Size and sexual maturity. In this study, H. edwardsii   males were found to be juvenile at 305mm TL, adolescent at 462mm TL, and mature at 365mm TL to 555mm TL. Females were found to be mature at 365mm TL to 554mm TL and no juvenile or adolescent females were available for examination in this study. There is no sexual dimorphism apparent in this species. There is a large size range in the mature individuals for both sexes. Haploblepharus edwardsii   apparently grows to a smaller total length west of Cape Agulhas (about 482 mm TL for males and about 477 mm TL for females, from the data in the current study) and to a much larger maximum size east of this point (see maximum sizes above). This size difference may be due to the deeper habit of H. edwardsii   east of Cape Agulhas (see Distribution for Haploblepharus   above).

Colouration. A stunningly patterned shark ( Fig. 3 View FIGURE 3 ); H. edwardsii   has a background dorsal colouration pale brown, pale grey brown to dark grey brown; blanketed with many small white spots; with 8, 9, or occasionally 10 prominent saddles, 2 or 3 (or 4) before the first dorsal origin, one on the first dorsal fin, one between the dorsal fins, one on the second dorsal fin, one on the caudal peduncle and two on the caudal fin; centre of saddles are brilliant orange, orange brown or dull brown (latter probably a preservation artefact), with dark brown to almost black margins anteriorly and posteriorly; background colouration extending to dorsal surface of pectoral and pelvic fins, although white spots usually larger there than on the body; saddles not extending to dorsal surface of pectoral and pelvic fins; some individuals with no markings on any fins (probably preservation artefact). Ventral colouration uniform white or off white to dull brown (latter probably a preservation artefact); ventral surfaces of pectoral and pelvic fins, as well as anal fin, with same colouration as the dorsal background, particularly in darker specimens, otherwise no distinct patterning on pectoral or pelvic fins; anal fin variably with or without patterning, fin webs slightly darker, the lack of patterning is a probable preservation artefact.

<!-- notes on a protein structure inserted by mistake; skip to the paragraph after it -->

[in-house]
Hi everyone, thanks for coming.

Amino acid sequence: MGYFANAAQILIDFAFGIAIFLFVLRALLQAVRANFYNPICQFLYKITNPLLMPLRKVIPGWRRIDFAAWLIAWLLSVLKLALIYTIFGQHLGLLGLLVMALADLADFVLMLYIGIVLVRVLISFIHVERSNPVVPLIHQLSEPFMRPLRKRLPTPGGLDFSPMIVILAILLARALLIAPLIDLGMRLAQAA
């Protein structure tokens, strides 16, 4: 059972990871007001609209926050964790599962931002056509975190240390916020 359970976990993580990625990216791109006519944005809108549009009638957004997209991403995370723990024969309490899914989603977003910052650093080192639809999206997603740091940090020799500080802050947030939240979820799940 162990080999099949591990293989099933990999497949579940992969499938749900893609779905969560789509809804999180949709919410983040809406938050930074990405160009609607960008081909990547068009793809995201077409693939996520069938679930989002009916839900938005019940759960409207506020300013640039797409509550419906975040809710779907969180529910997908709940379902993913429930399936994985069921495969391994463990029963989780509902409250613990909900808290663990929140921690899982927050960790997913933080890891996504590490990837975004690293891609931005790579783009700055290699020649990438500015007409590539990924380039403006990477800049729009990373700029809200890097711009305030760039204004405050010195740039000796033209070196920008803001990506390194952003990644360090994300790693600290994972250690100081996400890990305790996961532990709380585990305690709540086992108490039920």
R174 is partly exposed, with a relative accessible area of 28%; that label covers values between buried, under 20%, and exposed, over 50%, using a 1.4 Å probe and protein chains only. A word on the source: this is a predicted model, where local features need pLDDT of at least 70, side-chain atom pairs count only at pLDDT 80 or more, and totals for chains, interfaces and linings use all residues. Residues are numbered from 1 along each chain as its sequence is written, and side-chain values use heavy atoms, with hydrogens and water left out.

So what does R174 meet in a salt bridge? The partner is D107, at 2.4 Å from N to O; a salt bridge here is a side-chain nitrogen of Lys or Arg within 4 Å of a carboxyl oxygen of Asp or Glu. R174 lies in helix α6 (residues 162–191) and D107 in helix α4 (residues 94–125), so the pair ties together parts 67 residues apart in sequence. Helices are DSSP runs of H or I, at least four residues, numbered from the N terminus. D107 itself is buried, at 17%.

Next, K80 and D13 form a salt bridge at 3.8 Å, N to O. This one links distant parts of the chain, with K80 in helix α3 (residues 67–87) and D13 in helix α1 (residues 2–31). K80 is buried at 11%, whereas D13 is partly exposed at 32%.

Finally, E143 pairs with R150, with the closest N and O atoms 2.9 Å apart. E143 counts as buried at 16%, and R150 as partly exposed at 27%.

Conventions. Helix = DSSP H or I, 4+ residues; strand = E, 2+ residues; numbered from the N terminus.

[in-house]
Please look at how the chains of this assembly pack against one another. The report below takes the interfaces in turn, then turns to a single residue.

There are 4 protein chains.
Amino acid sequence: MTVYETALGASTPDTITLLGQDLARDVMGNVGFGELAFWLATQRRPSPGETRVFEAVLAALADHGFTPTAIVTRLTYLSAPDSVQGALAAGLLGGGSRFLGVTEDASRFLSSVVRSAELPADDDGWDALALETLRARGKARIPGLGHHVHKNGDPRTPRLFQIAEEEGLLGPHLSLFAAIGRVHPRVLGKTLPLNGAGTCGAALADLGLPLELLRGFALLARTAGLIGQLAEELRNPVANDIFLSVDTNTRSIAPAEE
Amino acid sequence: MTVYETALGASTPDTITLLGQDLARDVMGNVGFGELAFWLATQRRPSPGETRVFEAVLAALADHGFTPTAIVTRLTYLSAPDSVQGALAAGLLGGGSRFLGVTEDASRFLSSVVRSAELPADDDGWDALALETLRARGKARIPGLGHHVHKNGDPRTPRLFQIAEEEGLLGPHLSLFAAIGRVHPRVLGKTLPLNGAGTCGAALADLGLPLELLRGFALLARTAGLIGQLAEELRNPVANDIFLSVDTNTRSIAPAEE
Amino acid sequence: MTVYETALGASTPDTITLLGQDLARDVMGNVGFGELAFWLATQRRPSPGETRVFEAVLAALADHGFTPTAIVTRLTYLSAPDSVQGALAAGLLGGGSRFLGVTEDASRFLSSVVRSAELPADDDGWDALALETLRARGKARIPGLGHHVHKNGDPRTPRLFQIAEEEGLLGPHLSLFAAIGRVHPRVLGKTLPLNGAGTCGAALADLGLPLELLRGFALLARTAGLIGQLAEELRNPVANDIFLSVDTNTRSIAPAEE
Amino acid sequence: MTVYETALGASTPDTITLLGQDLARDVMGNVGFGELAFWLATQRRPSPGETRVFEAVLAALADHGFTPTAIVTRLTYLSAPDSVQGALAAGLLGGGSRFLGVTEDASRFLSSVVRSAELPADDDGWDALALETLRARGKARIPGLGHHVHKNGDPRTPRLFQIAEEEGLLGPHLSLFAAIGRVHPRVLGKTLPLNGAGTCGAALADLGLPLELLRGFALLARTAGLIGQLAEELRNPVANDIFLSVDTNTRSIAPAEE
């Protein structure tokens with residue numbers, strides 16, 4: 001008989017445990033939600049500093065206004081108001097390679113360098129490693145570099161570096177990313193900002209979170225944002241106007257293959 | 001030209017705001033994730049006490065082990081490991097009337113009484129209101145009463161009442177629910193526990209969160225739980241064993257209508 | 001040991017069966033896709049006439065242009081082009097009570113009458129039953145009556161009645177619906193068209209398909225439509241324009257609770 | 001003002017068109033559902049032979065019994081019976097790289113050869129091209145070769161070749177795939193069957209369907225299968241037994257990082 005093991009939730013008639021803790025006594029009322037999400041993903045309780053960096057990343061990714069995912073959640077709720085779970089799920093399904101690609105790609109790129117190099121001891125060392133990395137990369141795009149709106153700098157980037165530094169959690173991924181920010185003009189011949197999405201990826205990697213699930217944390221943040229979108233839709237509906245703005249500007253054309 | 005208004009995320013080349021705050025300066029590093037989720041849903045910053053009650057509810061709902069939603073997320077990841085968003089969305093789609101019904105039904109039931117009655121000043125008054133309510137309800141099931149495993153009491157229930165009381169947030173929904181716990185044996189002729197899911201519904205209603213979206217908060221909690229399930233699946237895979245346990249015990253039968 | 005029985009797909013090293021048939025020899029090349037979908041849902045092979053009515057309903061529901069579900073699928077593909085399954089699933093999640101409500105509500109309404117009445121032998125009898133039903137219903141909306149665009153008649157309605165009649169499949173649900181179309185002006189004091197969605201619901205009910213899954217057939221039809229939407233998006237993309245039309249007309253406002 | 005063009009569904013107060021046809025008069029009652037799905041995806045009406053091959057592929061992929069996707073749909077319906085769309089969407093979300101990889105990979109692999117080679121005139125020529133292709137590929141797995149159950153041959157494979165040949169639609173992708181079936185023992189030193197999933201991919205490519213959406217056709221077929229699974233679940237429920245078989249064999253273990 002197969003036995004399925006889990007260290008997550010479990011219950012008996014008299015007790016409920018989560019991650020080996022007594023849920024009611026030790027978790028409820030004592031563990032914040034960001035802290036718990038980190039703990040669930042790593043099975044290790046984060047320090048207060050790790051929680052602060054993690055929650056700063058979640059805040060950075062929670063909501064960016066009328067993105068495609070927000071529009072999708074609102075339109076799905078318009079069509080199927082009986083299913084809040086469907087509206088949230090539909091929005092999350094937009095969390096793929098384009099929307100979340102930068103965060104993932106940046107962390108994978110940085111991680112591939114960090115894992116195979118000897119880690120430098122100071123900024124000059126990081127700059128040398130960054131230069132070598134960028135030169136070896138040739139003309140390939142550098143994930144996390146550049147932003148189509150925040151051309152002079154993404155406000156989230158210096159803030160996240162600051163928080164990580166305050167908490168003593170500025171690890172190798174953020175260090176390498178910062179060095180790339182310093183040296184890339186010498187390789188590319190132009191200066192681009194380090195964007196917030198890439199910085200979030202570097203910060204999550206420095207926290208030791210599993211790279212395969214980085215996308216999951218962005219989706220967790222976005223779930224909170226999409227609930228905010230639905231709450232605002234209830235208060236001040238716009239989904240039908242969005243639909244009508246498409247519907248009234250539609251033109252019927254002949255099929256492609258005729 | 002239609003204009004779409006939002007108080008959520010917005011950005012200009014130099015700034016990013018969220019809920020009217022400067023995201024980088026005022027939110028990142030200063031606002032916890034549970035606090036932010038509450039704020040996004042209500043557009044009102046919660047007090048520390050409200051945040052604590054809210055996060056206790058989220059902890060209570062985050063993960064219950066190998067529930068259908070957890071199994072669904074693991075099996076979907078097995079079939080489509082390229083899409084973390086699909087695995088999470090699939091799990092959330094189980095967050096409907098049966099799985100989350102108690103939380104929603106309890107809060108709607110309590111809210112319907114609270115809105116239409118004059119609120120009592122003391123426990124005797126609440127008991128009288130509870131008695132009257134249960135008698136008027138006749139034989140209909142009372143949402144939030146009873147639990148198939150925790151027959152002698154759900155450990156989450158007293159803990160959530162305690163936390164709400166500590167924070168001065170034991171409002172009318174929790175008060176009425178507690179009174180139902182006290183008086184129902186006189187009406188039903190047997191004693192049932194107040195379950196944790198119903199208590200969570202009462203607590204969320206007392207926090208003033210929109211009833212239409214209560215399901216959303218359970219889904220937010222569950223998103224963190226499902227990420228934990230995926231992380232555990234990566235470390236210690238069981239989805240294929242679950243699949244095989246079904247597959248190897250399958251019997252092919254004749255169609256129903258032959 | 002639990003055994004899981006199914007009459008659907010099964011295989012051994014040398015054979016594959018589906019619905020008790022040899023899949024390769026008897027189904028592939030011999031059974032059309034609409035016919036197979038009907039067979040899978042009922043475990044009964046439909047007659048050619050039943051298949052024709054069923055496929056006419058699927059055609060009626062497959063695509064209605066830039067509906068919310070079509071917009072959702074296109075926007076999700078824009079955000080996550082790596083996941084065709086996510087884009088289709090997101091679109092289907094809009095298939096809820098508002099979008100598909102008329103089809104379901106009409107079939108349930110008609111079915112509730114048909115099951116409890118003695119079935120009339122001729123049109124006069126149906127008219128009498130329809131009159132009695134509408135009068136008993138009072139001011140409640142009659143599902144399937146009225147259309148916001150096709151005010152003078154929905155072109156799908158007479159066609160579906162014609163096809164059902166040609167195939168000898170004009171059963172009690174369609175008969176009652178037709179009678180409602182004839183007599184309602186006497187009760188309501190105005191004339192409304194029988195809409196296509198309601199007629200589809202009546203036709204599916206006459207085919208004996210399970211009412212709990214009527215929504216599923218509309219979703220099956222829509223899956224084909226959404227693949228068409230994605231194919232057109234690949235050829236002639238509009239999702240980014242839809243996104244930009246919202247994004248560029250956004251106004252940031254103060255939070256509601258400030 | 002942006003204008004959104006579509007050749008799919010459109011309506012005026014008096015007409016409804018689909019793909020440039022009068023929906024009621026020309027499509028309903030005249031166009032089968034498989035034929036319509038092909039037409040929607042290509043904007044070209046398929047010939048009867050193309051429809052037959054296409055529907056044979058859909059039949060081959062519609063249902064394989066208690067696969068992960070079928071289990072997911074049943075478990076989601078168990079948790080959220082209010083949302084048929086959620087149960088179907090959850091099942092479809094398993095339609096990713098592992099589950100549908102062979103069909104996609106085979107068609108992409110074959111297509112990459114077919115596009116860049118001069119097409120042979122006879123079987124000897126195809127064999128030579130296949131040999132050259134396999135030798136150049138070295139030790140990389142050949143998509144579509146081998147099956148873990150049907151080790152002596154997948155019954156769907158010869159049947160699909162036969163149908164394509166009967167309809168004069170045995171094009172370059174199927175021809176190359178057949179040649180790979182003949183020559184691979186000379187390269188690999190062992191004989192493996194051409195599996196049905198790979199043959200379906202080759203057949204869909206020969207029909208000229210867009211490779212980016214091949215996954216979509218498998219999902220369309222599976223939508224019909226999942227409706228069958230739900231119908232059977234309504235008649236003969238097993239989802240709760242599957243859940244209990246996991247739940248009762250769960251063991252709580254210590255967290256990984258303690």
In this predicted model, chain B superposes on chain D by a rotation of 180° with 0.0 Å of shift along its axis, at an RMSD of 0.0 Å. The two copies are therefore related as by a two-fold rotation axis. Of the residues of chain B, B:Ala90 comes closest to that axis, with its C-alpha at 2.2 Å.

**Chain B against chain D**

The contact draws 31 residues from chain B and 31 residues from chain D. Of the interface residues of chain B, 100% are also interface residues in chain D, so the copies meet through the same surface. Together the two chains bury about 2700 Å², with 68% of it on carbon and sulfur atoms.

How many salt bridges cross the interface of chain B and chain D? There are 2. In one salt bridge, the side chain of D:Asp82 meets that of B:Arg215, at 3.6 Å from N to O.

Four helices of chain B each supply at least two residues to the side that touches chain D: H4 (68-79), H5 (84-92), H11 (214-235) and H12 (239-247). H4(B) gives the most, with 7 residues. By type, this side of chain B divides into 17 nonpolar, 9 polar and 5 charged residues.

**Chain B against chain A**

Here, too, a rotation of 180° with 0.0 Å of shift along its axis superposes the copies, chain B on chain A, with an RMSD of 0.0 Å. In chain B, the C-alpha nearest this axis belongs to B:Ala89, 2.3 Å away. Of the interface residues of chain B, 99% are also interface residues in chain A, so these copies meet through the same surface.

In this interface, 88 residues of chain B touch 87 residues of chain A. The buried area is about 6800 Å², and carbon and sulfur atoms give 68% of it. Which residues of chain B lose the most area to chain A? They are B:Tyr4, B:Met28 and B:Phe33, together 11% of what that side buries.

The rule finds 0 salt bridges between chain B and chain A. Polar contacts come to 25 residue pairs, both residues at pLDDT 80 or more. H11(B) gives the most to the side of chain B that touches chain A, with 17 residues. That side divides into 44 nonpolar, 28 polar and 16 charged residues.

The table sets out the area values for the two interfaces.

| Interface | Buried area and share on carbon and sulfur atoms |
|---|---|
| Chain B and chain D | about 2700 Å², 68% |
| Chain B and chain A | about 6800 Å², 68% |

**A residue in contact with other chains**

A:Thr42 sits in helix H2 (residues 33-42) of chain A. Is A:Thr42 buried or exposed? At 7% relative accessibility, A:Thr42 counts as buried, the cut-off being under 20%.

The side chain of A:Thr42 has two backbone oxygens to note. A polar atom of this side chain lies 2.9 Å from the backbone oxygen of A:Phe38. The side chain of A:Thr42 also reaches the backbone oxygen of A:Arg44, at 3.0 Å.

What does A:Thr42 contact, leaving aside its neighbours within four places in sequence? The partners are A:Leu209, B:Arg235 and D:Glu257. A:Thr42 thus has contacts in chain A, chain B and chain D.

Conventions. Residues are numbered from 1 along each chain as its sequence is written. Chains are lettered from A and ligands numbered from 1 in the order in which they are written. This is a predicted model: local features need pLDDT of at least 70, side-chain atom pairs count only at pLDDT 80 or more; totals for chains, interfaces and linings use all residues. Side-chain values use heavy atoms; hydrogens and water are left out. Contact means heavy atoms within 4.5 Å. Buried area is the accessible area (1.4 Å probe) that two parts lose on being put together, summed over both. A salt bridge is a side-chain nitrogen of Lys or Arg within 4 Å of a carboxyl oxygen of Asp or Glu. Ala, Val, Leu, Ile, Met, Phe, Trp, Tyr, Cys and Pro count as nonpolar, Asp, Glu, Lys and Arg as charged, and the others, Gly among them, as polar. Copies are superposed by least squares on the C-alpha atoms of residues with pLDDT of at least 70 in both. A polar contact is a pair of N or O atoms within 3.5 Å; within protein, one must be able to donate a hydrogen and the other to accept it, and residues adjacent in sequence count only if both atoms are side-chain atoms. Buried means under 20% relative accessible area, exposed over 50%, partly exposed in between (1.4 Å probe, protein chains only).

Comparison with other species. Haploblepharus edwardsii   has a consistent colour pattern between individuals, always possessing bright orange saddles on a paler background. The head is more narrowly pointed than in H. fuscus   and H. pictus   , about the same in H. kistnasamyi   . Head and body more depressed in H. edwardsii   than in H. kistnasamyi   , but less so than H. fuscus   and H. pictus   . Claspers of mature males are more slender than in other members of the genus. Haploblepharus edwardsii   has a dental formula about equivalent to H. kistnasamyi   , but has fewer teeth than either H. fuscus   or H. pictus   . Haploblepharus edwardsii   is most similar to H. kistnasamyi   in overall morphology and colouration, but is separated from that species by having a more depressed body and a colour pattern that is distinct from that species.

Remarks. Edwards (1764) described and figured three individuals referable to H. edwardsii   , from the Cape of Good Hope, South Africa (van Oijen, 2001). These specimens, apparently lost ( Smith, 1950; van Oijen, 2001), represent the syntypic series for H. edwardsii   , and not RMNH 4161–4164, as stated by Eschmeyer (1998), which may represent the type series for Scyllium pictum   (van Oijen, 2001).

According to van Oijen (2001), Cuvier described this species in 1817 from a reproduction of the illustrations and translation of the text of Edwards (1764) by Houttuyn (1776). However, Cuvier did so under the name “sq. d’Edwards”, which is a vernacular name, therefore is not available as a species name, as was also concluded by Compagno (1984 b). Voigt (1832) translated Cuviers’ text and formalised the name, and all subsequent authors have attributed the name to Voigt. However, Schinz had already translated Cuviers’ text and formalised the species name in 1822, a document that had been overlooked until the study of van Oijen (2001), and since Schinz pre-dates Voigt, the name edwardsii   must be attributed to Schinz ( ICZN, 2003).

Schinz erroneously spelt Cuviers’ new species and described it under the name Squalus edwartsii   (van Oijen, 2001). The name edwartsii   has been placed on the Official Index of Rejected and Invalid Specific Names in Zoology, with edwardsii   placed on the Official List of Specific Names in Zoology (Opinion 2056, ICZN, 2003).

This species is commonly misidentified with H. pictus   and many registered specimens examined in this study that were identified as H. edwardsii   were actually H. pictus   . This may have a number of consequences, which includes erroneous abundance estimates for H. edwardsii   (which may be overestimated) and H. pictus   , as well as confounding other records of this species, such as locality and catch records, and biological and life history observations. For example, under his account of H. edwardsii, Smith (1949)   illustrated H. fuscus   (which he described the following year) and gave the distribution as ranging to Port Nolloth, which is almost certainly referable to H. pictus   . Furthermore, Günther (1870), also under the name H. edwardsii   , included H. pictus   as a synonym of this, however gave a colour description that is referable to H. fuscus   .